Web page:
The Consitution of the Cantons
28 June 2021
The 26 cantons have a powerful constitutional and political position in the Swiss state system. From a European perspective, they are even unique structures dating back centuries. This article discusses the constitution of the cantons.
The great politician and entrepreneur Alfred Escher (1819-1882) articulated in 1848 what is still the foundation of the federal and democratic system today:
“Der schöne Baum unseres neuen Bundes, der seine schützenden Zweige über das ganze Vaterland ausbreitet, hat zu seinen Wurzeln die Kantone. Würden wir diese Wurzeln verkümmern und absterben lassen, so wäre damit auch dem Baum der sichere Untergang bereitet. Die Kantone sind die Säulen, auf denen das ganze Bundesgebäude ruht” (J. Jung, Alfred Eschers Thronreden, Zürich 2021).
The cantons and the citizens (das Schweizervolk, le peuple suisse) are the founders of the Confederation (Schweizerische Eidgenossenschaft/ la Confédération) and the Federal Constitution (FC). This Constitution gives the federal government (der Bund or la Fédération) and the cantons (and communes) their own place.
The relationship between the federal government and the cantons is dealt with extensively in the FC.
The principle is stated in article 3 FC: the cantons are sovereign unless powers have been transferred or delegated to the federal government.
This sovereignty only refers to the relationship with the federal government. There is no sovereignty in the sense of public international law.
The FC contains many articles that deal with this relationship, among others, the supremacy of federal laws but implementation by the cantons, co- and cooperation between federal government and cantons, the cantons as bodies of the federal government (e.g. the Council of States), the territorial inviolability of the cantons and the role of the People and other issues.
Art. 51 FC. requires each canton to have a democratic Constitution that meets the standards and conditions of the FC (and international treaties).
The cantonal Constitution
All cantons have a constitution. Any amendment requires the approval of the Federal Parliament and the citizens of the cantons concerned who are entitled to vote (obligatorisches Referendum (obligatory referendum). In addition, the federal court (Bundesgericht/tribunal fédéral) can, in some instances, judge the cantonal constitution.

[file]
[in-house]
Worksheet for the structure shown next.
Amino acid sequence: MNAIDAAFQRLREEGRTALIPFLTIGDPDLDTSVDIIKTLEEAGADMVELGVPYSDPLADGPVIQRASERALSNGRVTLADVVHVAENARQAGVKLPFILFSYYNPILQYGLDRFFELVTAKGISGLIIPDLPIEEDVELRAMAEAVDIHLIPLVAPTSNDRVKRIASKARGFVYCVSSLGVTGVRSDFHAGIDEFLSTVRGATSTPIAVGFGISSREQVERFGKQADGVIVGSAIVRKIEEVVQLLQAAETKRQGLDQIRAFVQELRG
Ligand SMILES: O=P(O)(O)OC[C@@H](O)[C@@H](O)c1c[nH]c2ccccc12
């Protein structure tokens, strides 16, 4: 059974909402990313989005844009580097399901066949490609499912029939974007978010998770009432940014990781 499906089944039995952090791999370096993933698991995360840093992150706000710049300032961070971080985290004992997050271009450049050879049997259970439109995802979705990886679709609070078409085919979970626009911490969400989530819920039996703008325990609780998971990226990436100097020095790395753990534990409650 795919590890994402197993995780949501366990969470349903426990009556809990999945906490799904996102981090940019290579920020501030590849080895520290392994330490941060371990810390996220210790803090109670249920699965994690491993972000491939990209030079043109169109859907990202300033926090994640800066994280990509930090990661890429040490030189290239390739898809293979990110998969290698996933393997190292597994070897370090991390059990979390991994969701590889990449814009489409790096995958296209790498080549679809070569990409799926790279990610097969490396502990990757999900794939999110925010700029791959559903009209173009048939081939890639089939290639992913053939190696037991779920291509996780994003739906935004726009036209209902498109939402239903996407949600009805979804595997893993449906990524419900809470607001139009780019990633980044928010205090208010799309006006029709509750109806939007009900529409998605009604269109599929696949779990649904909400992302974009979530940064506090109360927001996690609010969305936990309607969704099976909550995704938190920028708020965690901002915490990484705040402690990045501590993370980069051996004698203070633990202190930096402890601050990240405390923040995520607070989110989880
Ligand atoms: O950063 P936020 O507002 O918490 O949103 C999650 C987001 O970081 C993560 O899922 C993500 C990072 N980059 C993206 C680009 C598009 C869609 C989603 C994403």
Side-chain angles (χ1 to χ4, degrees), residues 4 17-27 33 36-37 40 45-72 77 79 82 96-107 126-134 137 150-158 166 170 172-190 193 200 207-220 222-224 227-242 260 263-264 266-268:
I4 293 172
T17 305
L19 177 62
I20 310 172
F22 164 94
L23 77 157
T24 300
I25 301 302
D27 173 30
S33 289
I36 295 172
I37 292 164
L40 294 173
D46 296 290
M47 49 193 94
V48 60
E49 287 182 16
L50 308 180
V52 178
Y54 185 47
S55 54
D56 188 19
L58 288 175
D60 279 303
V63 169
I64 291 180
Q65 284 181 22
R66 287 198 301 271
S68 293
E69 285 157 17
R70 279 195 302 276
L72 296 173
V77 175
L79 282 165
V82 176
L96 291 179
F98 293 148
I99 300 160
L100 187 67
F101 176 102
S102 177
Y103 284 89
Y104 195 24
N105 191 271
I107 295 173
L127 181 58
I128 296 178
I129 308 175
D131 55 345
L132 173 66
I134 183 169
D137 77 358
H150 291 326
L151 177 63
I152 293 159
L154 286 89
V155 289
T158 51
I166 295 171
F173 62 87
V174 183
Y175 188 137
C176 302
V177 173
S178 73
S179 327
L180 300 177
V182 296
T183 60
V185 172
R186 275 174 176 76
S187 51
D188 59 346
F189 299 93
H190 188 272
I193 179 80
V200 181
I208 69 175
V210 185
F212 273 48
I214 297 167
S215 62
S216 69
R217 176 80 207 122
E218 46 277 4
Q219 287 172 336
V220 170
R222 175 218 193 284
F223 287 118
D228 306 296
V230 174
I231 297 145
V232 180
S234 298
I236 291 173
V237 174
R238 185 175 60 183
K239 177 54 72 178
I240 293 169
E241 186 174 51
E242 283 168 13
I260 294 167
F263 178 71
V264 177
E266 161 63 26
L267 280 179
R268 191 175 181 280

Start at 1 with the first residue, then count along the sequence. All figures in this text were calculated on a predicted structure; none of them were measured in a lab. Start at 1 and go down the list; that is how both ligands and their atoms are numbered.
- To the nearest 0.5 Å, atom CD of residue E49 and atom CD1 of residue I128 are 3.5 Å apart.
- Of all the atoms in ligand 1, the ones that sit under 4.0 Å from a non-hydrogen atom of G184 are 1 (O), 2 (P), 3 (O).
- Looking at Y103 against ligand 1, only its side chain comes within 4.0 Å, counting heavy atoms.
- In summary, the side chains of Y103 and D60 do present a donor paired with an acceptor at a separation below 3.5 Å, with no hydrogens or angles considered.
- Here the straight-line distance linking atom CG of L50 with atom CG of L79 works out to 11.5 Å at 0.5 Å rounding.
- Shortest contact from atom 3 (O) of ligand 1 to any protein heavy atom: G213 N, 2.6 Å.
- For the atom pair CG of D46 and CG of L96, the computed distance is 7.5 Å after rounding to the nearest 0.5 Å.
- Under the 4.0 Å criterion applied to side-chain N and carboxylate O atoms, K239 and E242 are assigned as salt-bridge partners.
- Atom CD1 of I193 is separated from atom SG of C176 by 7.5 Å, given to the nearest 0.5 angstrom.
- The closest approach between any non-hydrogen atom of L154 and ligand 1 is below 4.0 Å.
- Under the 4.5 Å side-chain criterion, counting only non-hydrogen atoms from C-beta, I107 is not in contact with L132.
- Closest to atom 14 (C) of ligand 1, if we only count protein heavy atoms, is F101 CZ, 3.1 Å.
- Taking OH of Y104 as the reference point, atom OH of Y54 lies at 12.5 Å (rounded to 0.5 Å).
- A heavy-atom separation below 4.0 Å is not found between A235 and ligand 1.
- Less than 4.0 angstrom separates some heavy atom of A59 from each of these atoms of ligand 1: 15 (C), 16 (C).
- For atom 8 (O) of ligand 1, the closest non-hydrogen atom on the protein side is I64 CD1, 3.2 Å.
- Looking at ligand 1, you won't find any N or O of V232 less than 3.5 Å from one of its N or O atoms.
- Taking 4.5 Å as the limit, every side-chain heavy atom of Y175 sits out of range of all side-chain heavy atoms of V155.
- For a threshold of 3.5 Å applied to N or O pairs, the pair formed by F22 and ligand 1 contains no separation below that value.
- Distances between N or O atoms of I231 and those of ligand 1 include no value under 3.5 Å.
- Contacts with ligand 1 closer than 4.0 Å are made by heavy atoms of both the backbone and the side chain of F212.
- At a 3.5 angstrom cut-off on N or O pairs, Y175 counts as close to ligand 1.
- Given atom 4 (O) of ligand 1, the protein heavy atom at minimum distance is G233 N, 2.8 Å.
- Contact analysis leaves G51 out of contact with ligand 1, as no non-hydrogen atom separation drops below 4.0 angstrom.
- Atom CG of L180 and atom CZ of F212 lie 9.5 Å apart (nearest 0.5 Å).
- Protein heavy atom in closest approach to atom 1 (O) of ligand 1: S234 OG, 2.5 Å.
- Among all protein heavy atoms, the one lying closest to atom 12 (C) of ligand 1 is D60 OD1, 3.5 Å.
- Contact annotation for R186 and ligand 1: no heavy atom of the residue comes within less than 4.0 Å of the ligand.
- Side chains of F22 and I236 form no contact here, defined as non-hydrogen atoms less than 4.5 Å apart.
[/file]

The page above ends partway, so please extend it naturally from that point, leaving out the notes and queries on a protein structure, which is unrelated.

Besides these conditions, the cantons are free to draw up the Constitution (Verfassungsautonomie) and organise the government, the judiciary, legislative and executive powers, citizenship and voting rights and to create and to organise the municipalities, districts and other public-law organisations. It is a central element of the Swiss federal system.
In addition, the cantons are sovereign in determining and financing their budgets (Finanzautonomie). The cantons levy direct and indirect taxes (as far as not transferred to the federal level) to finance their tasks and powers, n important aspect of federalism.
This sovereignty does not prevent the federal government from supporting cantons financially, and there are cantons of net contributors and cantons of net recipients.
Republic, State, Member
The cantons’ particular constitutional and political character is also reflected in the first articles of their constitutions.
Most cantons explicitly mention the dual function of (sovereign) state and member, sovereign republic and canton of the Confederation.
The wording varies. However, the broad outlines are: ‘ein freiheitlicher, demokratischer und sozialer Rechtsstaat’, ‘ein Stand der Schweizerischen Eidgenossenschaft’, ‘Une République et l’un des Etats de la Confédération suisse’, ‘ein souveräner Stand’, ‘ein souveränes Bundesmitglied’, ‘eine demokratische Republik’ or, for example, ‘un canton souverain de la Confédération suisse’.
The texts emphasise the multiple functions of the cantons: an autonomous or independent member of the Confederation, on the one hand, cooperating in many areas or being a body (for example, the Ständerat/Conseil d’Etats) of the federal government on the other hand).
The citizens (das Volk, le Peuple) are the essential body of any constitution. Thanks to direct democracy, the citizen always has the last word (obligatory referendum) or initiative (various types of optional referendum).